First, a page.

A name that means something

By Ilze Nieuwoudt

As with any country that undergoes a drastic regime change, South Africa also underwent changes in the names of places over the last 20 or so years. Place names (or toponyms) in almost all instances have unique stories attached to it, and it is precisely this historic value that is time and again sacrificed with much sorrow and anger.

Notwithstanding the historic value and meaning of toponyms, South Africans fight for the preservation of a name without knowing or appreciating the “story” behind the name. These are a few interesting places with even more interesting stories.


The name of the Mier Municipality in the Kalahari has nothing to do with the Afrikaans word for ant (mier) – contrary to first impressions. The name of this region, which includes among others the towns of Keimoes, Kakamas and Upington, was rather derived from the word mere (Afrikaans for lakes). German missionaries who visited the area many years ago found many water pans here and called these mere. Locals later started pronouncing it as mier.


Although there is no agreement on the exact origin of the name Potchefstroom, some experts argue that it has an indisputable connection with Andries Potgieter, the founder of the town. Advocates of this theory think that chef refers to leader and that the word stroom (stream in English) refers to the Mooi River. Others are of the opinion, however, that the name is derived from the word potscherf (shard in English), referring to the cracks in the soil of the Mooi River valley that look like pottery shards. Some also believe that the original name was Potgieterstroom, which was later deformed to Potgerstroom and eventually Potchefstroom.


This town in the Langeberge of the Western Cape was named in 1745 by combining two names: the names of the then Governor, Hendrik Swellengrebel, and his wife, Helena ten Damme.


The name is a shortening of the original name Coetzee-Rust, derived from the name Diederik Coetzee. Coetzee owned the original farm on which the town Zeerust was founded.


Two sisters, Elizabeth du Plooy and Alida Naudé, married the two farmers on which the town Bethal was eventually proclaimed. The town’s name was derived from the names of these two women (Beth en Al).

Treur and Blyde River

These two rivers flow into the world’s third-largest canyon, the Blyde River Canyon, and at the point where the two rivers meet, you’ll find the Bourke’s Luck potholes. The origins of the names of these two rivers are very interesting. According to legend, the Voortrekker leader Hendrik Potgieter and his party trekked in the area in 1844. As part of an exploring trip through which he and his comrades hoped to make contact with the Portuguese in Lourenço Marques, he had the trek party camp at an unknown river. When the men did not return on the expected date from their trip, the trekkers expected the worst: that Potgieter and his men had not survived the trip. They appropriately named the river at which they camped the Treur River (Mourning River in English). However, a few days later, Potgieter and his men caught up with the trekkers unharmed, and it was then decided to name the river along which they trekked the Blyde River (Happy River in English).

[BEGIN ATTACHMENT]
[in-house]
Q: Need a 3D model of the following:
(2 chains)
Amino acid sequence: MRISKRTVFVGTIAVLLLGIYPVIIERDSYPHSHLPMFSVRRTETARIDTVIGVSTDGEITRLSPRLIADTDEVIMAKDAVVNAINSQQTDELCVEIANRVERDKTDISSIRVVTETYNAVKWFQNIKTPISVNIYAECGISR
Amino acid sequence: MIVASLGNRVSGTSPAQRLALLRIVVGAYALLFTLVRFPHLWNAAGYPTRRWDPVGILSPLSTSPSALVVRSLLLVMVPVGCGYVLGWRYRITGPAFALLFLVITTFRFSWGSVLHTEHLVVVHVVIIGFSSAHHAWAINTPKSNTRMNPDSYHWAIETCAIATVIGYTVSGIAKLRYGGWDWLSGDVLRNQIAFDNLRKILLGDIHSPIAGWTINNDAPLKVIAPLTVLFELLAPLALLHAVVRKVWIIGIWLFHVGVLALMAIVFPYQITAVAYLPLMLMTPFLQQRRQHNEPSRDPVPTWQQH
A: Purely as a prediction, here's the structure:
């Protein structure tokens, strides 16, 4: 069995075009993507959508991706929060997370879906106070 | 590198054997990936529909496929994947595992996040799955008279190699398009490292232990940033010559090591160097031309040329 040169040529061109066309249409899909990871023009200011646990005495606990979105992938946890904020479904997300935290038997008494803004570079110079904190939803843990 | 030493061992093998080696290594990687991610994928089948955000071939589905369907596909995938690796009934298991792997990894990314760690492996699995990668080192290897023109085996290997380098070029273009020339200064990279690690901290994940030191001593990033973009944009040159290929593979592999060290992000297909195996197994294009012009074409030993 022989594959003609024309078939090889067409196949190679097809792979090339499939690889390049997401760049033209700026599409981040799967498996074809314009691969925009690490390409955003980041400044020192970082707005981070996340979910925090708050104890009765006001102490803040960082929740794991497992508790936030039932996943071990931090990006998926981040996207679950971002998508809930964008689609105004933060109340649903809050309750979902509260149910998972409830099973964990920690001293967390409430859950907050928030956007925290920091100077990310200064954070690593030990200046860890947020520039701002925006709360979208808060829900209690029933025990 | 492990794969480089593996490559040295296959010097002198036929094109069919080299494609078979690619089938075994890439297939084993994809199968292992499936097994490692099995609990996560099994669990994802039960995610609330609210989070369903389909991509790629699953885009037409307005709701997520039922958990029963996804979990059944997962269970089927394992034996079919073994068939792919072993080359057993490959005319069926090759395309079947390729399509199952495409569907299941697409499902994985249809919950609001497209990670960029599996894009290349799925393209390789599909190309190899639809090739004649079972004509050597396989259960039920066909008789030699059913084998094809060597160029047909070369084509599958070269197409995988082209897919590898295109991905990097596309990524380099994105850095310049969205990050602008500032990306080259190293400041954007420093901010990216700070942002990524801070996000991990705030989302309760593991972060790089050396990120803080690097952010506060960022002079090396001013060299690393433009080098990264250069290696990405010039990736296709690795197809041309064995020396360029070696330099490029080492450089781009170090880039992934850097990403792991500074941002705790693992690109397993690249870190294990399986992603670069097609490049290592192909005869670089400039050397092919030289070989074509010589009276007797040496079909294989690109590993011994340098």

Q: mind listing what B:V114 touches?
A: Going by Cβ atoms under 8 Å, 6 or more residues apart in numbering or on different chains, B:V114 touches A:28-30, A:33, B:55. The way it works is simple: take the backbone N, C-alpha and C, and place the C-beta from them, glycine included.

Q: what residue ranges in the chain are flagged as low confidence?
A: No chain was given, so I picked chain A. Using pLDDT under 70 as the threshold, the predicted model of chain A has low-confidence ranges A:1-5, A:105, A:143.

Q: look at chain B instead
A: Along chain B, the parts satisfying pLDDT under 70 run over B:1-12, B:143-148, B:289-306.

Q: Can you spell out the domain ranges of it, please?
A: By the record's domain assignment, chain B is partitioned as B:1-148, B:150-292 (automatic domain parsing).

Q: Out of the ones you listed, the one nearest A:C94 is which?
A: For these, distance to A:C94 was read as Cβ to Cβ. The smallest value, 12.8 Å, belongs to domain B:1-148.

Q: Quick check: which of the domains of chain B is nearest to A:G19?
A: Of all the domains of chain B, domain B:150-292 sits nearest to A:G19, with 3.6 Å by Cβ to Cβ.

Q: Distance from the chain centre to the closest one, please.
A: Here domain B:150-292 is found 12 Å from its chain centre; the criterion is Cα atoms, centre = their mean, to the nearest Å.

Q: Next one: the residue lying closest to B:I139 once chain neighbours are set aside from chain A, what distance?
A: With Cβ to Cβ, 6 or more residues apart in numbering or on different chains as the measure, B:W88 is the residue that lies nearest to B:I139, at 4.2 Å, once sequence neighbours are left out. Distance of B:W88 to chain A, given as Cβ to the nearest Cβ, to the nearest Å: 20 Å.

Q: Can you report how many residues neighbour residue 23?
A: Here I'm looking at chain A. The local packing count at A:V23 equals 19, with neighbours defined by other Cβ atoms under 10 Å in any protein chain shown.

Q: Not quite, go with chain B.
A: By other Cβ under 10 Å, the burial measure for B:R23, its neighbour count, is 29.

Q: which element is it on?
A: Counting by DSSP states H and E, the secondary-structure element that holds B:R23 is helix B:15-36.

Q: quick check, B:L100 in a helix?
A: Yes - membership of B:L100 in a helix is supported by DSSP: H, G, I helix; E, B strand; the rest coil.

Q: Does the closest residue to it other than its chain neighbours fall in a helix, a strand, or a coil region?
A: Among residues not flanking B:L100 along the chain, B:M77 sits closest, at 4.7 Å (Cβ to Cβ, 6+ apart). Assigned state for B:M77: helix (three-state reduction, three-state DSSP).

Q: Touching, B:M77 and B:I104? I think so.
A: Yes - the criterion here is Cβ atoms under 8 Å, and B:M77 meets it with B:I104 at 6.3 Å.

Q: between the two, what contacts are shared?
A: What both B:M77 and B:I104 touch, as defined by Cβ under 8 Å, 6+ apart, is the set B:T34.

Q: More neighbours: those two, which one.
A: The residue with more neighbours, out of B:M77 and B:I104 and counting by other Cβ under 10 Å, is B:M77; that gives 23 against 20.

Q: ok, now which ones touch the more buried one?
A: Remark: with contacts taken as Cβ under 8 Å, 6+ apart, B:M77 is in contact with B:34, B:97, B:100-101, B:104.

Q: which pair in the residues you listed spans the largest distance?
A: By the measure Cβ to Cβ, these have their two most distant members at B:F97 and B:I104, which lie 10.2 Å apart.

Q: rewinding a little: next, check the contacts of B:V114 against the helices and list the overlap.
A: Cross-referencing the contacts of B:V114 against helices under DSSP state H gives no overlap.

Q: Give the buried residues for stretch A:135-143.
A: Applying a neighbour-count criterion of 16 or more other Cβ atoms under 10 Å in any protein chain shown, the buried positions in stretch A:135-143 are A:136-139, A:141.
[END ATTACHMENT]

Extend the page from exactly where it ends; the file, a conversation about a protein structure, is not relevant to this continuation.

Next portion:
What do you call it?

Toponyms can also be adapted colloquially. Often, people are in the dark as to which town of area someone refers to. These are a few of the most well-known examples of colloquial names for certain places:

  • Berg with reference to the Drakensberg. For example, you can also refer to the Central Berg.
  • Bloem with reference to Bloemfontein.
  • Harties with reference to Hartbeespoort.
  • J-Bay with reference to Jeffreys Bay.
  • Jacaranda City or P-Town with reference to Pretoria.
  • Bos or Eikestad with reference to Stellenbosch.
  • Potties with reference to the erstwhile Potgietersrus (the name was changed to Mokopane)
  • Toti, The Deep South or even Amanzimtexas to refer to Amanzimtoti.

The road to Astray Avenue …

Whether or not you want to accept it, the fact is that several toponyms in South Africa were changed (and even more will most probably change in future). These changes enrage many South Africans, and in many instances the changes lead to confusion about which new name refers to which town. These are a few well-known and lesser known examples of names that have already changed:

  • Duiwelskloof in Mpumalanga was changed to Modjadjiskloof.
  • Ellisras in Limpopo was changed to Lephalale.
  • Louis Trichardt in Limpopo was changed to Makhado, but then changed back to Louis Trichardt.
  • Messina in Limpopo is now Musina.
  • Nylstroom in Limpopo was changed to Modimolle.
  • The Treur River in Mpumalanga was changed to the Sefogane River.
  • Port Elizabeth in the Eastern Cape was changed Gqeberha.

Kraal publishers is a small but specialised publishing house that focuses primarily on the publishing of quality books about South African history as well as publications that can change or set historical facts straight and take a strong stance on, among others, political and social issues in South Africa. Kraal mainly publishes non-fiction. Visit Kraal’s website here

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